Prior to 2017, the IRS took the position (formally stated in Rev. Rul. 91-32) that a foreign person who sells an interest in a partnership that carries on a U.S. trade or business must treat some or all of the gain from that sale as effectively connected with a U.S. trade or business (ECI), and therefore subject to the U.S. net basis income tax. In 2017, however, the Tax Court disagreed with the IRS in Grecian Magnesite Mining v. Comissioner, 149 T.C. 3 (2017), holding that gain on the sale of a partnership interest is not ECI, even if the partnership is engaged in a U.S. trade or business.
This favorable treatment did not last long, however, as Congress exercised its legislative authority to write the Rev. Rul. 91-32 into law as part of the Tax Cuts and Jobs Act of 2017, as new section 864(c)(8). The IRS has now issued proposed regulations, which provide additional guidance around this new statutory rule.
The proposed regulations provide a three-step process for calculating the amount of gain to be treated as ECI under Section 864(c)(8):
- Determine the selling partner’s tax gain or loss under existing tax law, separating out ordinary and capital components applying the general rules that apply to the sale of partnership interests
- Determine the partner’s allocable share of capital gain and ordinary income (or loss, as appropriate) that would be treated as ECI if the partnership sold all of its assets at fair market value, taking into account any special adjustments normally required under generally applicable principles that apply to partnerships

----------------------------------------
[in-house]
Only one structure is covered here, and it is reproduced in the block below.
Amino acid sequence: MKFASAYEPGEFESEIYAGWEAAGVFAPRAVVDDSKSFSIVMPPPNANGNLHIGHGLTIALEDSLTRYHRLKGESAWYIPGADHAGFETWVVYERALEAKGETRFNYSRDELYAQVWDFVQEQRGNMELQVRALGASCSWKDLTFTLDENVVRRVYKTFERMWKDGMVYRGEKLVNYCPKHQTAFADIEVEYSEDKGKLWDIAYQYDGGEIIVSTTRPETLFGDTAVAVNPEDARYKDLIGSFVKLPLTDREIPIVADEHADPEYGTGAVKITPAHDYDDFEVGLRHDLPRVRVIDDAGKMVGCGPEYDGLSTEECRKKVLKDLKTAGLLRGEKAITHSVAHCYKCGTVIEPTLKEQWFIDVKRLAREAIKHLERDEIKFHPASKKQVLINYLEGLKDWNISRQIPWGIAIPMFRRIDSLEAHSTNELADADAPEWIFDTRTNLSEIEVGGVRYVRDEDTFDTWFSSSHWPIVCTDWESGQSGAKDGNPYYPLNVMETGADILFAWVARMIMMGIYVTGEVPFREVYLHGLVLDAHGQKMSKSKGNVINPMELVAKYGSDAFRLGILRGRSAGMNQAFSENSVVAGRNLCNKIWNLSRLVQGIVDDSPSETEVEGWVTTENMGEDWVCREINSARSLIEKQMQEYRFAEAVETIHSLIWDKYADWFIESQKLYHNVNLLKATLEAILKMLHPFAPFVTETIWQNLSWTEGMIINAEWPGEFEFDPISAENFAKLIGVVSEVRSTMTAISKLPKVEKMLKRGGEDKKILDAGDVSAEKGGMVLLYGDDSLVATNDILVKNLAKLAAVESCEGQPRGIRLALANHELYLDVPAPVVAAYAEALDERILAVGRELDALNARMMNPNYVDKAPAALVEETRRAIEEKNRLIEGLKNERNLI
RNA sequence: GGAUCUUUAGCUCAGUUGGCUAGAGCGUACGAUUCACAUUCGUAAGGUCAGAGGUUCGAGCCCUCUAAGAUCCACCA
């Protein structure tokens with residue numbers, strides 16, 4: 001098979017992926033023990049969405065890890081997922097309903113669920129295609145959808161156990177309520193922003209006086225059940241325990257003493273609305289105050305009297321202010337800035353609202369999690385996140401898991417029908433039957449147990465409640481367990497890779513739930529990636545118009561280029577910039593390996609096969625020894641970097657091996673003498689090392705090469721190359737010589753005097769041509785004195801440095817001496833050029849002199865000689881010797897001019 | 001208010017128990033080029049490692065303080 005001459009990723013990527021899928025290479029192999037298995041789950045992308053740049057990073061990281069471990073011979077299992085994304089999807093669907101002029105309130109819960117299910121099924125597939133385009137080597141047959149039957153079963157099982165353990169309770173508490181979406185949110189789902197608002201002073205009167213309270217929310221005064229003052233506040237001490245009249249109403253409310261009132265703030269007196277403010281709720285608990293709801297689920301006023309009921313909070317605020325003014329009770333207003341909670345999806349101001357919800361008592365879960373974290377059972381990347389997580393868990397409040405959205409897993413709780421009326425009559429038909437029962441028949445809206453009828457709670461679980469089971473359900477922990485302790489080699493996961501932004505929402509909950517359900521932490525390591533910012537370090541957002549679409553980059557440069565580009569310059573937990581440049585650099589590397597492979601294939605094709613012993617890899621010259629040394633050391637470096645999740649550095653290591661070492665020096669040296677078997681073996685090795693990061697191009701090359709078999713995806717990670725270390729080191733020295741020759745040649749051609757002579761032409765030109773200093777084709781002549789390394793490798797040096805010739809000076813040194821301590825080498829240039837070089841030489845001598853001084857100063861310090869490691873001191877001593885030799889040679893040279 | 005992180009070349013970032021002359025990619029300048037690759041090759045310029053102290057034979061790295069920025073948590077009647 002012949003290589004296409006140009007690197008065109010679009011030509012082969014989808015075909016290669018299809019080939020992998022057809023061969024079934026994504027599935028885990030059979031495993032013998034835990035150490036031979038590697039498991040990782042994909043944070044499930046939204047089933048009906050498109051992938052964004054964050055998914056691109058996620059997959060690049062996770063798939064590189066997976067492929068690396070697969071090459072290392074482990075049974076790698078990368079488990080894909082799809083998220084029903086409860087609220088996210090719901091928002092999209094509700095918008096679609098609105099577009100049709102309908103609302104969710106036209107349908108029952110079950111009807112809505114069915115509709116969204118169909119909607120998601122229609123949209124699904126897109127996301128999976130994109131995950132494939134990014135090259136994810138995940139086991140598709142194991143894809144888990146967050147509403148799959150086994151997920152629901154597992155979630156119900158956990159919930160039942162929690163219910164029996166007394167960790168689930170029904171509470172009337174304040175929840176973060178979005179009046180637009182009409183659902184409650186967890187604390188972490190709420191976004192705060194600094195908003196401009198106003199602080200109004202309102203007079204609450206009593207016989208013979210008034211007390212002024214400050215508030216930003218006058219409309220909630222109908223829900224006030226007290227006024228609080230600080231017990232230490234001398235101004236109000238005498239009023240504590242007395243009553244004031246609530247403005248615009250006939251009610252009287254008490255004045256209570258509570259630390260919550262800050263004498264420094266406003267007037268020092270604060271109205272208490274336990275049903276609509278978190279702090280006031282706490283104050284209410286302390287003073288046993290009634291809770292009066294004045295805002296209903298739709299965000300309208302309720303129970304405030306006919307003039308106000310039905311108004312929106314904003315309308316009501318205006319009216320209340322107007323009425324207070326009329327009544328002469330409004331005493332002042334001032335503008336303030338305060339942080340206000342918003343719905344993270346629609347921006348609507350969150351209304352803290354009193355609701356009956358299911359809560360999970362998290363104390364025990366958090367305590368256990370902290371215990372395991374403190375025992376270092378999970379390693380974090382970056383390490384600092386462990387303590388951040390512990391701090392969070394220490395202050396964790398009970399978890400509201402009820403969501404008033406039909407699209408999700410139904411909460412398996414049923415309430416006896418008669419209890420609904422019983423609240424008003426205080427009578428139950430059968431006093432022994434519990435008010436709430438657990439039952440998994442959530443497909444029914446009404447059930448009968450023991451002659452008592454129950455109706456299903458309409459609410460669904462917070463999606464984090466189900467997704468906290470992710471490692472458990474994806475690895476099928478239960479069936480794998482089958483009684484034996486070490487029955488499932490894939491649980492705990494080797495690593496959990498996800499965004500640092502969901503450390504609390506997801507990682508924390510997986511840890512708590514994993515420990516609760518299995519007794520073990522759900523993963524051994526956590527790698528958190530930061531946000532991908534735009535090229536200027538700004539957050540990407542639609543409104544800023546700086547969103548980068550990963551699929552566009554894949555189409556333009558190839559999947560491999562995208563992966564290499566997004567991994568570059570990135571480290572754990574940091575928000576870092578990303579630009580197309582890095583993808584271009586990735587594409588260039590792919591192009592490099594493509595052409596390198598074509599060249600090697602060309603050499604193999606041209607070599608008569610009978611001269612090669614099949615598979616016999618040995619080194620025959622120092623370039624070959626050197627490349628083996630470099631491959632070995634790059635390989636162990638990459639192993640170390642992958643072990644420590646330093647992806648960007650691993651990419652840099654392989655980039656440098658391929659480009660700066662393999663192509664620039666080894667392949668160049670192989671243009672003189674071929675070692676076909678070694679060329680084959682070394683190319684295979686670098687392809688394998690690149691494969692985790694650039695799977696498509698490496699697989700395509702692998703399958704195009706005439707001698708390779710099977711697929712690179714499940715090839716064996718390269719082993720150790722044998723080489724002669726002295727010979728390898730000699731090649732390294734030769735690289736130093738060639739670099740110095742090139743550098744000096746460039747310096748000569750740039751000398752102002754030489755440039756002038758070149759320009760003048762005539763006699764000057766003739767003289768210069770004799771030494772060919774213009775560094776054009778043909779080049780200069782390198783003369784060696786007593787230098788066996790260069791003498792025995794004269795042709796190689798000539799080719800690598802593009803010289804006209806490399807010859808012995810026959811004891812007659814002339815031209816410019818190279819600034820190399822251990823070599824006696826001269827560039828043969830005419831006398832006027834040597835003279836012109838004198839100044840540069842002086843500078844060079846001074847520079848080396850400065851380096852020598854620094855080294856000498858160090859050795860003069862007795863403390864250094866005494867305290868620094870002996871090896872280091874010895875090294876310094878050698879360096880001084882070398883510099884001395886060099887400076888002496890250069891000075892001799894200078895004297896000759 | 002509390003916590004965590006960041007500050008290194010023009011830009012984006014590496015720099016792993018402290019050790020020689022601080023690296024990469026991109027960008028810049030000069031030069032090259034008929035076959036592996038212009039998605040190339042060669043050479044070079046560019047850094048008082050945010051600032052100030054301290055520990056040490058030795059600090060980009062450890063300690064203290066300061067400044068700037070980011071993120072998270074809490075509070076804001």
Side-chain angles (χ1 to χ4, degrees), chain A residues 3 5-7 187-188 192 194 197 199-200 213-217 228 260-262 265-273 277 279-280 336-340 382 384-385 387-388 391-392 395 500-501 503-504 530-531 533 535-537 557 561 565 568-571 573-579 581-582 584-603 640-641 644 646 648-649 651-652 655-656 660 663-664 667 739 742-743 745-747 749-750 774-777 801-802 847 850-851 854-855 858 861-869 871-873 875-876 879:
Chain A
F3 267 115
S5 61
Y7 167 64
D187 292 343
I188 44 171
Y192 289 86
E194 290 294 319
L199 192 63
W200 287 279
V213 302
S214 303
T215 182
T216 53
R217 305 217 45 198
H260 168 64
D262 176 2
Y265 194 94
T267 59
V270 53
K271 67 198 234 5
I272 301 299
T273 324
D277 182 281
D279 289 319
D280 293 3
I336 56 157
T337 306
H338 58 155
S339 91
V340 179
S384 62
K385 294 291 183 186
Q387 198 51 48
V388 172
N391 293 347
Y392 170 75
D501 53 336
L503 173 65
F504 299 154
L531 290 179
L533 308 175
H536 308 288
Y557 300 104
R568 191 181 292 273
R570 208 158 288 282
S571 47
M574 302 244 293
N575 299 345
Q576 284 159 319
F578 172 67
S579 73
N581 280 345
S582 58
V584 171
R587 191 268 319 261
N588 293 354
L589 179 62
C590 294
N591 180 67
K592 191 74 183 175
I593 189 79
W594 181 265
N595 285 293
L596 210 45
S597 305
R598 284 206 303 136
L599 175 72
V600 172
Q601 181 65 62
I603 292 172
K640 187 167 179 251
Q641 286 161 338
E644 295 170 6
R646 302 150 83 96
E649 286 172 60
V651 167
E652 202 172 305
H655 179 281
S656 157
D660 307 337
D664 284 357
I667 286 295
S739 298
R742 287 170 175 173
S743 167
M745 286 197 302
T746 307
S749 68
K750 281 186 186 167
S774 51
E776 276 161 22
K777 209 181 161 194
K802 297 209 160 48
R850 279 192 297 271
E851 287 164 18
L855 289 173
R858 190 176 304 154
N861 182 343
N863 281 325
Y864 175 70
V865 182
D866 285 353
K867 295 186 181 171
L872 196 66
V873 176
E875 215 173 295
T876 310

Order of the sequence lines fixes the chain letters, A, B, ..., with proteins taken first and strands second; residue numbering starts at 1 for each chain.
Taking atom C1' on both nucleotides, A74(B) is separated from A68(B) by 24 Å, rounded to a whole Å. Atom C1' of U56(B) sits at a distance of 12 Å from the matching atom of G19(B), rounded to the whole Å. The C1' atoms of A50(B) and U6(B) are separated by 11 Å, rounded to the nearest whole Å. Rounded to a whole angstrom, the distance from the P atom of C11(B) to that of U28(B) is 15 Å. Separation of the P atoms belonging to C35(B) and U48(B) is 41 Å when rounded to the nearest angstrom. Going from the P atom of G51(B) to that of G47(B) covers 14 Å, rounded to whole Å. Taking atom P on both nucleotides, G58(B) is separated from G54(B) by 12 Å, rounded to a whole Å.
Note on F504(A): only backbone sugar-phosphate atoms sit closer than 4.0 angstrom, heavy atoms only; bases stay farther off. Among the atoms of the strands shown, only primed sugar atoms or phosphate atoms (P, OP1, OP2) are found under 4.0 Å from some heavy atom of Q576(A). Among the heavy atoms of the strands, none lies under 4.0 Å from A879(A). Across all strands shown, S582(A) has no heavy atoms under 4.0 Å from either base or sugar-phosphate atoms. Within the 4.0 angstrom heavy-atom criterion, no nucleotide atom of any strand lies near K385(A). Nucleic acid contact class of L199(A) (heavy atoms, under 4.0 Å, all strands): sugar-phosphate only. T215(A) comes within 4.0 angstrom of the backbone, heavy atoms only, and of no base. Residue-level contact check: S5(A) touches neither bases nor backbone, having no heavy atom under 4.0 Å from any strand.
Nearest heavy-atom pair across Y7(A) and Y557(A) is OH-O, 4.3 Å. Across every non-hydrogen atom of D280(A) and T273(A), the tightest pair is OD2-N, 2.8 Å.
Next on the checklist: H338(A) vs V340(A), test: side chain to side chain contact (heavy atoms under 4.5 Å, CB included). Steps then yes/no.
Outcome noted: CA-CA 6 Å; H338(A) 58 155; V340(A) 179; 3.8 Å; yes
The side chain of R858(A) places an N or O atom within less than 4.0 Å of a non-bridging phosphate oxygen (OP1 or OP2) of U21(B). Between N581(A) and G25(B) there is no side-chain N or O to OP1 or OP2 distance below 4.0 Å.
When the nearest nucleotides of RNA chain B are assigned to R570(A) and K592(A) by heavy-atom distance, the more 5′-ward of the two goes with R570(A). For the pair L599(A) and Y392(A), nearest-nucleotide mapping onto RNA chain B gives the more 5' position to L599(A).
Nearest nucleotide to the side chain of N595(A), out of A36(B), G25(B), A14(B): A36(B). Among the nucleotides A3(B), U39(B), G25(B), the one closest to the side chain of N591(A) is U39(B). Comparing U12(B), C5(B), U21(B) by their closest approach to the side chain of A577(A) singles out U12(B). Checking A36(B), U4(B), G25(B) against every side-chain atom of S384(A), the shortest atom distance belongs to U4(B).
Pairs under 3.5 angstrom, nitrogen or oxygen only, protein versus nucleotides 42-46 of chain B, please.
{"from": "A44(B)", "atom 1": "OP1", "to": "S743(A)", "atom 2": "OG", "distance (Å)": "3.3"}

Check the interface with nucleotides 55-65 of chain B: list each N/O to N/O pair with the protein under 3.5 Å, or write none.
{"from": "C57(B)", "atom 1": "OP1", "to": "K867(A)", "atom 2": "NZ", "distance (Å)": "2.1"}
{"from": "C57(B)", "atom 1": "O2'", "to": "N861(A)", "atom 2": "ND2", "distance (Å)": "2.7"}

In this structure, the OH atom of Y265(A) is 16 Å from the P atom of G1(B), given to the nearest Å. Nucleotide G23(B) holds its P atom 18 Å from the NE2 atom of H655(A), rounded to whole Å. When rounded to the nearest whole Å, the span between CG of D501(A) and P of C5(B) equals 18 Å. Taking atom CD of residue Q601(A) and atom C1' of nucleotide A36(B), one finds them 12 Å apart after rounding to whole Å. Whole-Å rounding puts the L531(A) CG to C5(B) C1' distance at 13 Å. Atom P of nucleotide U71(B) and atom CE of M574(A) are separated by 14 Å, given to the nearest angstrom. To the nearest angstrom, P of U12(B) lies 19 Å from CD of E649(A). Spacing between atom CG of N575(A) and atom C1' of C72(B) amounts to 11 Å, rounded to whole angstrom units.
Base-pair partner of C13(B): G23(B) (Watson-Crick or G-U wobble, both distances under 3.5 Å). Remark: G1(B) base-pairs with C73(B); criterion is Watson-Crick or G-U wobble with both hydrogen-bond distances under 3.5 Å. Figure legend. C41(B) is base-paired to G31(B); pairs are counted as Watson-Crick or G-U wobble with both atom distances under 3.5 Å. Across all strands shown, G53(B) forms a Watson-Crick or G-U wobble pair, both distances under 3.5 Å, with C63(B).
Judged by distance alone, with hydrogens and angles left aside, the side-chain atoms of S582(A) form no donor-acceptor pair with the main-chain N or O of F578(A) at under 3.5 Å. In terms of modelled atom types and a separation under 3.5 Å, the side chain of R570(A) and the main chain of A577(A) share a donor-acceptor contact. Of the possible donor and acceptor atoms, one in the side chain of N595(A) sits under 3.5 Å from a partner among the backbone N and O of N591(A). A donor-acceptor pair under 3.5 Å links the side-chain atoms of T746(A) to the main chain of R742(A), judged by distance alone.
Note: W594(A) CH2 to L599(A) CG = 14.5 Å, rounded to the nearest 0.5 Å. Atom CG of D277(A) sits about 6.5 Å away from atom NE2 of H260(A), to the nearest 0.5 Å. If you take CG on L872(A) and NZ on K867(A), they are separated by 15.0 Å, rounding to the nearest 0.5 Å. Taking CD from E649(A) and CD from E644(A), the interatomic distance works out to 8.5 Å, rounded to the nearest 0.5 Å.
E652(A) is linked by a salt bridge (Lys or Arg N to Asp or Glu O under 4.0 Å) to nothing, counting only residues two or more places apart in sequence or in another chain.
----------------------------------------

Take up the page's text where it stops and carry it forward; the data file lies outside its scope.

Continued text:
- Separately for ordinary and capital components, treat the lesser of the amount determined in step one and step two as ECI
Note that, because of the separate computation of capital and ordinary components, this can result in a situation where a foreign partner may have to pay tax on gain treated as ECI, even if the overall sale transaction results in a loss.
In addition,the proposed regulations also provide several coordination rules. For example, the proposed regulations provide that any gain on the disposition of a partnership interest attributable to a U.S. real property interest is not also taken into account under the rules governing sales of U.S. real property interests (the FIRPTA rules). The proposed regulations also address taxpayers resident in jurisdictions resident in countries that have tax treaties with the U.S. and would allow taxpayers to claim benefits under those treaties, under certain circumstances
Section 1446(f), enacted at the same time as Section 864(c)(8), provides a collection mechanism for the tax imposed by Section 864(c)(8) by requiring the purchaser of a partnership interest from a foreign person to withhold 10 percent of the amount realized by the seller on the transaction, if Section 864(c)(8) would apply to the transaction. These proposed regulations do not provide futher guidance on the application of Section 1446(f), but do indicate that further guidance is forthcoming. In the meantime, taxpayers can continue to rely on existing Notice 2018-29 in complying with their withholding requirements under Section 1446(f) (reference prior alert).
These regulations, if finalized by June 22, 2019, would be effective retroactively to Nov. 27, 2017—the effective date of the statute itself. If finalized later than that date, would be effective on the date of finalization.